It’s now 8pm and we are 2 hours late for our last appointment at an olive oil company. It has been 12 hours on the road and we look it. The brother and sister size us up and apologize and say they will make it quick, taste and go. I blink and now there are 35 bottles of oil on the table. Luckily we only have to taste 4-5.she opens the second one and the room fills with this aromatic herbal scent. Everyone perks up and the questions start coming. What olives do you use, in what percentages, how do you decide the blend. They show us the oil producing room and you immediately see three huge stones tied in a circle.they do have a higher tech machine, not the latest as the last place, but it suits their needs. As we say good bye 3 little girls start running around. The sister, who works the farm has 5 children. If she was bigger her grip would crush your hand. She works the land and you know the next generation will know about their heritage.
Still two hours late we had to go dinner. We are stopped on a road no lights in sight, lost again. The driver makes a call hangs a right down a pot holed dirt road. Out of no where we are at another farmhouse inn. The wine group has been here for 1 1/2hours. They would not serve them until we got there. They convinced them to set up a table of meats and bread all made there. They just went on how good it was. First course fresh buffalo ricotta made that day, great start. Three great courses later the wine guys still talking about the meats and say there is a great slab of black pig lard over there I should try.Ok I can’t resist lard from black pig, I’m going in before the 4th course.the meats were fantastic as I work up to the pig lard. Cut, chew, really good! Well take that off my bucket list.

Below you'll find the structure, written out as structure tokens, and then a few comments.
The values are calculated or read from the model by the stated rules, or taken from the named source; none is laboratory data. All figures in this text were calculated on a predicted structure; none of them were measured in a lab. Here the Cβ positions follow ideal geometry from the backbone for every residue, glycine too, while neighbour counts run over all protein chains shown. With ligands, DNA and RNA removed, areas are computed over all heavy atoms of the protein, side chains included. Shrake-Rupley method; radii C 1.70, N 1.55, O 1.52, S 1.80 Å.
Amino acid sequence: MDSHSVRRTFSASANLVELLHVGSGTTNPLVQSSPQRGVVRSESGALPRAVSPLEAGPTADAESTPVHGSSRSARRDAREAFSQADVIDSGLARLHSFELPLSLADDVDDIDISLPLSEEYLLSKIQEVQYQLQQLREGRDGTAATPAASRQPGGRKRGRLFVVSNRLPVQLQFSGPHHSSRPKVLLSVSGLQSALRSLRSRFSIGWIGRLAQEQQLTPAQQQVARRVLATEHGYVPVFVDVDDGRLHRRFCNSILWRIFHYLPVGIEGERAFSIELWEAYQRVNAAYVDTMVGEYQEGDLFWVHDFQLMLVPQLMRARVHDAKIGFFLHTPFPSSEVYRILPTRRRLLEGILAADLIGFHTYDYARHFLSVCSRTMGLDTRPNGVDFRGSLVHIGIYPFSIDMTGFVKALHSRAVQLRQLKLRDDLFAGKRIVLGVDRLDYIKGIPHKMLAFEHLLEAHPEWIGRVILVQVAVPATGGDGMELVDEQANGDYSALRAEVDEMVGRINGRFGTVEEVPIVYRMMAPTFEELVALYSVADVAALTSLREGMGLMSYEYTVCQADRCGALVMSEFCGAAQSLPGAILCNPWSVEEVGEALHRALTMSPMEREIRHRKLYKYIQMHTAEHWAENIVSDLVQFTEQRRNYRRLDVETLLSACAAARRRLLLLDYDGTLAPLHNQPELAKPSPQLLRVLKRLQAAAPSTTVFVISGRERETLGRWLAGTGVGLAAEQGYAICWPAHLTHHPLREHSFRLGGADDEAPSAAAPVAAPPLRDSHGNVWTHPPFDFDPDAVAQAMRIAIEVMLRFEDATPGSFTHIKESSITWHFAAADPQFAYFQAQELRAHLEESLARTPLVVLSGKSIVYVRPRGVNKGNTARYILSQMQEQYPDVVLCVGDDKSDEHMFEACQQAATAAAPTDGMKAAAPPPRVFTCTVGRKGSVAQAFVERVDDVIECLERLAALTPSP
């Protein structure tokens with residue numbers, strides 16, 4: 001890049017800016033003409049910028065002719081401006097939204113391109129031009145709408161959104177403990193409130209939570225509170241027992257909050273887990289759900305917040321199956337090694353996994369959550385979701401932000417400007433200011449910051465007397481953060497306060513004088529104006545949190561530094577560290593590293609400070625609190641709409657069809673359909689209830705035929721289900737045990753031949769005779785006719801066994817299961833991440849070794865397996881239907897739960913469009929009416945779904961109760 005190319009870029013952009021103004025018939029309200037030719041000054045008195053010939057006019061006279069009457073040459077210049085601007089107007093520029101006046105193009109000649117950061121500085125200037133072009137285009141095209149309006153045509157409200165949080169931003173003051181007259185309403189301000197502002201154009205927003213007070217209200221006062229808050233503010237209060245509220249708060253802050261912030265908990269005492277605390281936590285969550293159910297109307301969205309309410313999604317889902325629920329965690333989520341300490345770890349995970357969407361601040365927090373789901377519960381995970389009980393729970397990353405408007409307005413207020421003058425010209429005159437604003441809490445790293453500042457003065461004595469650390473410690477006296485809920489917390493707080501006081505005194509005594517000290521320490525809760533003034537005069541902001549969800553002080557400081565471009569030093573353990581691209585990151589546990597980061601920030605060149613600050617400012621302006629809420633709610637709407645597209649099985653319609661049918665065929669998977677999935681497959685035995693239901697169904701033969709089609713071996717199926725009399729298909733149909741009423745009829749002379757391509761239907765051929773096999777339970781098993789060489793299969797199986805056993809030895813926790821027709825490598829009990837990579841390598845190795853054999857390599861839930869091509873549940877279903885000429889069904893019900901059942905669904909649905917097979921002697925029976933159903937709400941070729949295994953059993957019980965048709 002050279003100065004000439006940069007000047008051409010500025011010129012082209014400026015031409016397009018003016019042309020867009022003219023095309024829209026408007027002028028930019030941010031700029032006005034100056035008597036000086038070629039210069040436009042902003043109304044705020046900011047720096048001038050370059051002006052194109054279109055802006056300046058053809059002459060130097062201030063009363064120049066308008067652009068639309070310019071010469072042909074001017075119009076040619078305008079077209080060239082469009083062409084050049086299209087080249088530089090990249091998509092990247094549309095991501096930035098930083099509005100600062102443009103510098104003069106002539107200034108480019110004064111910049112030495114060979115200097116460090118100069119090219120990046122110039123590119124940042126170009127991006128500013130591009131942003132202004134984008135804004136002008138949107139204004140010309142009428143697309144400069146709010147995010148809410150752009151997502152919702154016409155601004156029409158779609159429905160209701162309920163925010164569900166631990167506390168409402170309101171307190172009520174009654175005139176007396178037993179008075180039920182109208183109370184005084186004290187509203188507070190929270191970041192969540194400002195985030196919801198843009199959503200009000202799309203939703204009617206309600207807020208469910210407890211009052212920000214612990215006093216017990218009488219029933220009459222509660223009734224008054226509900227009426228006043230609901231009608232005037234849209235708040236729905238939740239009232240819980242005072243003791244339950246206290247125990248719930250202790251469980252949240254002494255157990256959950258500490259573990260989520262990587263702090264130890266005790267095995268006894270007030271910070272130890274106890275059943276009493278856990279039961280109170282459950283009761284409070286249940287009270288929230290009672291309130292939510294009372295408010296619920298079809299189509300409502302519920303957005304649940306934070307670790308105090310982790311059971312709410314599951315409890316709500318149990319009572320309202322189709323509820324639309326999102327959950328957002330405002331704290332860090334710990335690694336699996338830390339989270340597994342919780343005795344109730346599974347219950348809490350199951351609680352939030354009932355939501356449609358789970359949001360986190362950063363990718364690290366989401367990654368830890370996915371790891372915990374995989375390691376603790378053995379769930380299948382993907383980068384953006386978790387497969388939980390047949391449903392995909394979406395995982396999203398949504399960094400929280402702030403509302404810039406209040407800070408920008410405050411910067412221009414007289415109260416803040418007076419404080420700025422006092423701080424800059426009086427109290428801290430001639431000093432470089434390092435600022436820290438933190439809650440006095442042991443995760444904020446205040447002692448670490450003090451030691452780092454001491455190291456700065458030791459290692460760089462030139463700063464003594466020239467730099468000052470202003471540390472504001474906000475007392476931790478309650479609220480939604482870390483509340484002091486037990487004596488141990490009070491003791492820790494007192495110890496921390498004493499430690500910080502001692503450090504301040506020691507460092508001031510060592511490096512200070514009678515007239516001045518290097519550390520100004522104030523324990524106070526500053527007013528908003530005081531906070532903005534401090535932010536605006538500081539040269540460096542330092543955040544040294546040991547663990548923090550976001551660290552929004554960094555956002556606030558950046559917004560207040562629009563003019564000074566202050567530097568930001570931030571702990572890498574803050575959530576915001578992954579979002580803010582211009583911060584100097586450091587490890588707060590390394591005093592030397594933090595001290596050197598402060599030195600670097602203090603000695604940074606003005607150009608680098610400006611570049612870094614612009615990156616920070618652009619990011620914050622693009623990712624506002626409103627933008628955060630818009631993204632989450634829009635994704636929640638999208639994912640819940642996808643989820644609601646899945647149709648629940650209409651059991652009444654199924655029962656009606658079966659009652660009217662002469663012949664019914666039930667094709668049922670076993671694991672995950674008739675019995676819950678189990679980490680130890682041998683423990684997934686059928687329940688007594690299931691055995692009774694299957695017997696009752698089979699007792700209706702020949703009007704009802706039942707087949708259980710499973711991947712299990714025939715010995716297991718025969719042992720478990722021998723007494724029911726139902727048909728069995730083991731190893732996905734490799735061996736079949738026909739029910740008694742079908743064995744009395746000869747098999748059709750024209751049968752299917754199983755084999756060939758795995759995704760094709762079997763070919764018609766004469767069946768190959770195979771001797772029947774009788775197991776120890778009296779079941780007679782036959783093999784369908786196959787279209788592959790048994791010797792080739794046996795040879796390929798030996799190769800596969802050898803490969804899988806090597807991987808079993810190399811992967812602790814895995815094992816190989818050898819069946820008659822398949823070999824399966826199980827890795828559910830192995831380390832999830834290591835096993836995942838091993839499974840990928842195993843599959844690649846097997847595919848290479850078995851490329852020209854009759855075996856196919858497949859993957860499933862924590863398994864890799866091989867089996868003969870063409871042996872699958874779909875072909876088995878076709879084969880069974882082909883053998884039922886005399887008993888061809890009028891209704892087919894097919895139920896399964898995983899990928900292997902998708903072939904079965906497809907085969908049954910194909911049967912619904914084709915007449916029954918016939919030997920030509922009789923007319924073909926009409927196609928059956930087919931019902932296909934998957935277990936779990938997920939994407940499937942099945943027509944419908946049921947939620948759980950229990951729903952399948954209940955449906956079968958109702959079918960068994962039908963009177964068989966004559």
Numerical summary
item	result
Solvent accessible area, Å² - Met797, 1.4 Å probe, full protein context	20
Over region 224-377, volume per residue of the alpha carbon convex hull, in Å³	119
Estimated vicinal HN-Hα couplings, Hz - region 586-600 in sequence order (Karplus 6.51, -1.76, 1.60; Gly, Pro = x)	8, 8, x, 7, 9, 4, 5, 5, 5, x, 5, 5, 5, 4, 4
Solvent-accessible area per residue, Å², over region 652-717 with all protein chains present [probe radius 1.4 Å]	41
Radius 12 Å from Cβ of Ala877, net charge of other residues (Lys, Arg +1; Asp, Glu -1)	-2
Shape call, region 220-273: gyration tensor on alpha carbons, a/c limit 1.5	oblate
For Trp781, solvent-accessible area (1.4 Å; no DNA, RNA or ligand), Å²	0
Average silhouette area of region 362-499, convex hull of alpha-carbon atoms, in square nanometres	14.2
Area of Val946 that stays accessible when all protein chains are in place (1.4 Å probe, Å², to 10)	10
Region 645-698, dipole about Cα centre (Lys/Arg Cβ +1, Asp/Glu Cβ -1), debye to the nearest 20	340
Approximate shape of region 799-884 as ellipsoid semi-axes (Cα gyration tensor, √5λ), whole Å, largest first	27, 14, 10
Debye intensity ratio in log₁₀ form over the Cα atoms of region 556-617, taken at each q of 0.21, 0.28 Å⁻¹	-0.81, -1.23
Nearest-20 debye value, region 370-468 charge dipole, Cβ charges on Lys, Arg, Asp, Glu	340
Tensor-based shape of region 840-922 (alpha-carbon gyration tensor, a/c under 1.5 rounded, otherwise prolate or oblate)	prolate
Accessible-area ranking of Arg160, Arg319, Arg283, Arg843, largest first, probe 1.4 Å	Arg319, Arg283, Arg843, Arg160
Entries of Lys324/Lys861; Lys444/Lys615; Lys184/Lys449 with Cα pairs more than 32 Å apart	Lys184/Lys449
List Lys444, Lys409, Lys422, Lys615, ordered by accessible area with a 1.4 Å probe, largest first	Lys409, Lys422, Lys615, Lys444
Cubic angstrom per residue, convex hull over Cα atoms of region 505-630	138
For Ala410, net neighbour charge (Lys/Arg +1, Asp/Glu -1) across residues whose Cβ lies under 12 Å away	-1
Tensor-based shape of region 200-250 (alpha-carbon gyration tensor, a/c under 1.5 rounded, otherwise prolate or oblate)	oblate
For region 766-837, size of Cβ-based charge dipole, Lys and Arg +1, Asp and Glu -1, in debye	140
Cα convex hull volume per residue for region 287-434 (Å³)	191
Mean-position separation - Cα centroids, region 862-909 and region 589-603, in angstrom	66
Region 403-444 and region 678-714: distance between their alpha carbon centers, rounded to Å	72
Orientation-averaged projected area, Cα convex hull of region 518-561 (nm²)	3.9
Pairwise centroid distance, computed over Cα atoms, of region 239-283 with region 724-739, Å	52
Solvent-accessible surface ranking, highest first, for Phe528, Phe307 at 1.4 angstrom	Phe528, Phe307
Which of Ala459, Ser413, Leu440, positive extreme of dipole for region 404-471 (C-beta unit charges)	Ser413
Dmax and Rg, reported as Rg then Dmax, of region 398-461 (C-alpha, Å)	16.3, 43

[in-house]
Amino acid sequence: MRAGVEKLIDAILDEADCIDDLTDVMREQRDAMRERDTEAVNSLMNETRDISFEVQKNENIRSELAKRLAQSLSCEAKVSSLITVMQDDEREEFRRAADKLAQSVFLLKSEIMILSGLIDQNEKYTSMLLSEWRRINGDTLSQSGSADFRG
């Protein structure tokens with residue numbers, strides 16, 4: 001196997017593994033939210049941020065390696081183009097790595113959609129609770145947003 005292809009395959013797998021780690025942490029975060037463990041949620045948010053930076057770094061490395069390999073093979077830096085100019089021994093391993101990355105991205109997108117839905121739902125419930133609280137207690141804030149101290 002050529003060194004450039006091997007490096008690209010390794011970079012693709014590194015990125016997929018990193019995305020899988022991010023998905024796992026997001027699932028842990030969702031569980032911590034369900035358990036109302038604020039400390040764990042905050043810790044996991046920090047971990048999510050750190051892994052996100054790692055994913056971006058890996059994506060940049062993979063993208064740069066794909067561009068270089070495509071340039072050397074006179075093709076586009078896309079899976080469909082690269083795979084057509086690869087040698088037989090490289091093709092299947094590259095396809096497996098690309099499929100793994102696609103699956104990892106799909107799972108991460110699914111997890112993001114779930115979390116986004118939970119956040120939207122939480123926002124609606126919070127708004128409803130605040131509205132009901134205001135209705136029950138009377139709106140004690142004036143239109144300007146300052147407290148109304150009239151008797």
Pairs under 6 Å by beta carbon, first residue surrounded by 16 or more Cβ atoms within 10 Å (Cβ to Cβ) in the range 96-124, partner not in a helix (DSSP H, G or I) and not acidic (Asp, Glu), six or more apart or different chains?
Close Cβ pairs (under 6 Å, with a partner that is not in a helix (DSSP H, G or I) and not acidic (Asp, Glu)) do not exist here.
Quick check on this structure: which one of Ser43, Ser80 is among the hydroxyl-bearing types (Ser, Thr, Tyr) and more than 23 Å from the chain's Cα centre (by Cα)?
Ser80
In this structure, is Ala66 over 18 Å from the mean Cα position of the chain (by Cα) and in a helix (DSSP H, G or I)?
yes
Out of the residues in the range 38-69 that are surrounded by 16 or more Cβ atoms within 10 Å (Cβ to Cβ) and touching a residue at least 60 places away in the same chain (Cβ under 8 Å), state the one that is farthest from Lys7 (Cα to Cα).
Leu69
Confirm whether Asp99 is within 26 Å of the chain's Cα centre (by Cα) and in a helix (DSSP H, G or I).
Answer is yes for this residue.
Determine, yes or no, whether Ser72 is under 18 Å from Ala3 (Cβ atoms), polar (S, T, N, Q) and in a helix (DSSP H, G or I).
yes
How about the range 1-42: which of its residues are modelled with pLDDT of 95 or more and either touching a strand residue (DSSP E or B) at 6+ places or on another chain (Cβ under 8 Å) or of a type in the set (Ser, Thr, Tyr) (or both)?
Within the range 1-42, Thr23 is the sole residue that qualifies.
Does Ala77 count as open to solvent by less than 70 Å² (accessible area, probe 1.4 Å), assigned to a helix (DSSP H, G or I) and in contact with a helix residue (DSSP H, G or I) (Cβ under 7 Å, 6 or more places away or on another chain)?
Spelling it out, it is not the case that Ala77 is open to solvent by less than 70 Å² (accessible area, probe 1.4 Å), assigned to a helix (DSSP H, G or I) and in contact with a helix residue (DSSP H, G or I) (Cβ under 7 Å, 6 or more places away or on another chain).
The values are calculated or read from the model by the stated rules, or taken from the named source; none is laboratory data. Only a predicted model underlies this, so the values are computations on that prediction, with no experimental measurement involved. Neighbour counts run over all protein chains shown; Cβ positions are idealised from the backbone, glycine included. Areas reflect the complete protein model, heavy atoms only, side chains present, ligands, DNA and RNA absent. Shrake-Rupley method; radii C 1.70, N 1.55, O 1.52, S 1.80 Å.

Four more great courses later the owner is showing us his 100 year old chapel with 1720 bones of St Francis. Then he shows us a 1600 year old olive tree, amazing. 2:30am 18 1/2 hours later we are in our hotel. Tomorrow on the road at 8am. Ciao. Ed